U.S. Vice President Kamala Harris says she will discuss Mexico’s role in the region as she meets with President Andrés Manuel López Obrador in Mexico City on Tuesday as part of her trip focused on addressing a rise in migration to the southern U.S. border.
Speaking to reporters late Monday, Harris mentioned the close partnership between the neighboring countries and said Tuesday’s agenda would also include economic engagement and cooperation regarding COVID-19 vaccines.
U.S. officials said Harris and López Obrador will witness the signing of a memorandum of understanding regarding cooperation on development programs in the Northern Triangle countries of Guatemala, El Salvador and Honduras.
Ricardo Zúñiga, U.S. special envoy for the Northern Triangle, told reporters ahead of Tuesday’s meetings the United States and Mexico “have not had this level of cooperation in Central America before.”
“The main thing is that it’s very important to show that the United States and Mexico are collaborating and trying to improve conditions on the ground among our neighbors because of the importance that the countries in Central America have for both of us,” Zúñiga said. “We’re both destination countries for migration from Central America, and we both have some of the same issues trying to ensure that we have legal paths for migration and temporary labor.”
While in Mexico City, Harris will hold talks with entrepreneurs and labor leaders as well.
She carried out a similar schedule Monday in Guatemala, where she emphasized “the power of hope” along with new efforts to fight corruption and persuade Latin Americans to stay home rather than attempt the dangerous migration north to the United States.
“I am here because the root causes are my highest priority in terms of addressing the issue, and we need to deal with it, both in terms of the poverty we are seeing, the hunger that we are seeing, the effects of the hurricanes and the extreme climate conditions, what we are seeing in terms of the pandemic,” Harris told reporters.
In her first foreign trip as the U.S. second in command, Harris said at a news conference in Guatemala City that Latin Americans “don’t want to leave the country where they grew up.”
But she said people in Guatemala, Honduras and El Salvador, along with Mexico, need economic development that promises a better life than trying to move to the United States.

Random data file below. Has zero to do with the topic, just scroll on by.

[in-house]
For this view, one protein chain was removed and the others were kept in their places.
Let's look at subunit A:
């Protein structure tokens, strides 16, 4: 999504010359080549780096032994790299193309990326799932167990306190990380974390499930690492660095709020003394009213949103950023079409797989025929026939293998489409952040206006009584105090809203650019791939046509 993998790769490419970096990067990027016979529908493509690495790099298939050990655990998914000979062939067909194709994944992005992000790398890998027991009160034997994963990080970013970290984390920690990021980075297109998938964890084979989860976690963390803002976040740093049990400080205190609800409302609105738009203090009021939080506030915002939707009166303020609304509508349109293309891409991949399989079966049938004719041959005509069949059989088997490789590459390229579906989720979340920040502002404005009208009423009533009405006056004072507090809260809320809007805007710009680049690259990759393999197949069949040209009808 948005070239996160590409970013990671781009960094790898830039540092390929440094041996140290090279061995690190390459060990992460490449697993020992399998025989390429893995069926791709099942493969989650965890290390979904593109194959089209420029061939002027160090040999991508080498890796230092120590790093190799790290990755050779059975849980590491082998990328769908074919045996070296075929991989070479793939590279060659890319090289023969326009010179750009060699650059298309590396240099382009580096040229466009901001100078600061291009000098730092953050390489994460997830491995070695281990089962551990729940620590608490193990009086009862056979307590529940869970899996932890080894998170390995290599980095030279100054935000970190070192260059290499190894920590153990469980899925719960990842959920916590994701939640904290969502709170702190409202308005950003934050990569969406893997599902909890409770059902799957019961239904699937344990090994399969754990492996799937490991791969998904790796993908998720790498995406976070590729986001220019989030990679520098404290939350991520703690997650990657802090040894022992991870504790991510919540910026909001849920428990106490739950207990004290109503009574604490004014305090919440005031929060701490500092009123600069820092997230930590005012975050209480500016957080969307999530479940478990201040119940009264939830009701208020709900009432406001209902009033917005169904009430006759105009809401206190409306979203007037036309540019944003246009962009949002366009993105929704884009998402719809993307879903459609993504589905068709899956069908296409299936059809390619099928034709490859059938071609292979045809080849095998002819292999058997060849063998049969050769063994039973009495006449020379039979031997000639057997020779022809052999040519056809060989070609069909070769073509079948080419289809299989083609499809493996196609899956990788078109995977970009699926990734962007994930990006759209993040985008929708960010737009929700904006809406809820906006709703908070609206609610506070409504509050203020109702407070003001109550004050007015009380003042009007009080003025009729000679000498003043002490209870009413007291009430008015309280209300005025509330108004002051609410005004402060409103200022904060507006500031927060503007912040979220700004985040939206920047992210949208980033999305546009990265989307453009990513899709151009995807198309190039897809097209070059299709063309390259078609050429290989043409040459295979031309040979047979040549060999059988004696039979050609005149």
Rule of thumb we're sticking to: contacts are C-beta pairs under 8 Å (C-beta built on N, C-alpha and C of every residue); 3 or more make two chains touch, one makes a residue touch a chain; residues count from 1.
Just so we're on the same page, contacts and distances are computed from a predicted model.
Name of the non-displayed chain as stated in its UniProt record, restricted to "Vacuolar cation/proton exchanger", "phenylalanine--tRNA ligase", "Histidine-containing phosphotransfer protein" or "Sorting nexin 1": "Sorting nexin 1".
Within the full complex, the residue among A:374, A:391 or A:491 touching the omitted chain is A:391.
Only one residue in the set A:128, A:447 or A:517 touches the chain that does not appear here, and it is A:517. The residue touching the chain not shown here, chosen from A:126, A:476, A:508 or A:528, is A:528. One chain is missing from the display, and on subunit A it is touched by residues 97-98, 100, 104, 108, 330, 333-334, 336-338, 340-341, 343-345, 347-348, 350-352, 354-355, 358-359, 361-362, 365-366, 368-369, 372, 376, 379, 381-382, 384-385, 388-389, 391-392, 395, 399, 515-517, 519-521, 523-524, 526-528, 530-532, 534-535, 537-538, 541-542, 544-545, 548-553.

Harris said that “help is on the way,” with Washington aid and private investments encouraged by the U.S. government in agriculture, housing and businesses. “We have reason to believe we can have an impact,” she said.
But Harris also sent a warning to Guatemalans: “Do not come” to the United States. “We’re not afraid to enforce our laws and borders,” she said.
Harris held what she described as “very frank, very candid” talks with Guatemalan President Alejandro Giammattei about corruption in his country, pressing the need for “a strong court system” and civil governance.
Shortly after she met with the Guatemalan leader, U.S. Attorney General Merrick Garland announced in Washington the creation of a law enforcement task force aimed at fighting human trafficking and smuggling groups in Mexico and the Northern Triangle countries.
“We are creating this task force to address corruption, to address human smuggling — doing the work to make sure certain progress be made if we are going to attract investment,” Harris said.
She said the task force would combine resources from the Justice, State and Treasury departments.
At the news conference, Giammattei blamed drug traffickers for corruption. He said the United States and Guatemala agreed to create a “very simple process” through visas to permit regular migration to the United States, and that the two countries would prioritize family reunifications.
He also announced a new processing center for migrants sent back from Mexico and the United States.
Besides meeting with Giammattei, Harris participated in a roundtable with Guatemalan community and civil society leaders and then met with young innovators and entrepreneurs, including several female entrepreneurs.
“This afternoon, I got to see what students in Guatemala are working on in the lab — and hear about how local entrepreneurs are growing their local economies. Around the world, innovators and entrepreneurs create economic opportunity. We must support them,” Harris tweeted late Monday.
Harris’ trip is fraught with U.S. political implications, with Republicans blaming President Joe Biden and Harris for the surge in migrants trying to cross the country’s southwestern border with Mexico. In the most recent count, U.S. border agents faced 178,000 migrants at the border in April, 44% of them from Central America.
At her news conference, Harris deflected a question about when she would visit the border, even though she has said she would at some point.
At a recent news conference, some Republicans displayed a milk carton depicting Harris with the headline: “MISSING AT THE BORDER.”
When asked about Republican criticism that she is not doing enough, Harris said Monday that she is focused on stemming migration as “opposed to grand gestures.”
Biden has tasked Harris with leading the effort to address the root causes behind the increase in the number of migrants traveling to the U.S.-Mexico border.
Ahead of her trip, Harris announced $310 million in U.S. aid to support refugees and deal with food shortages. She also recently won commitments from U.S. companies and organizations to invest in Central American countries to promote economic opportunity and job training.
The United States also said last week it would send 500,000 doses of coronavirus vaccine to Guatemala and 1 million to Mexico.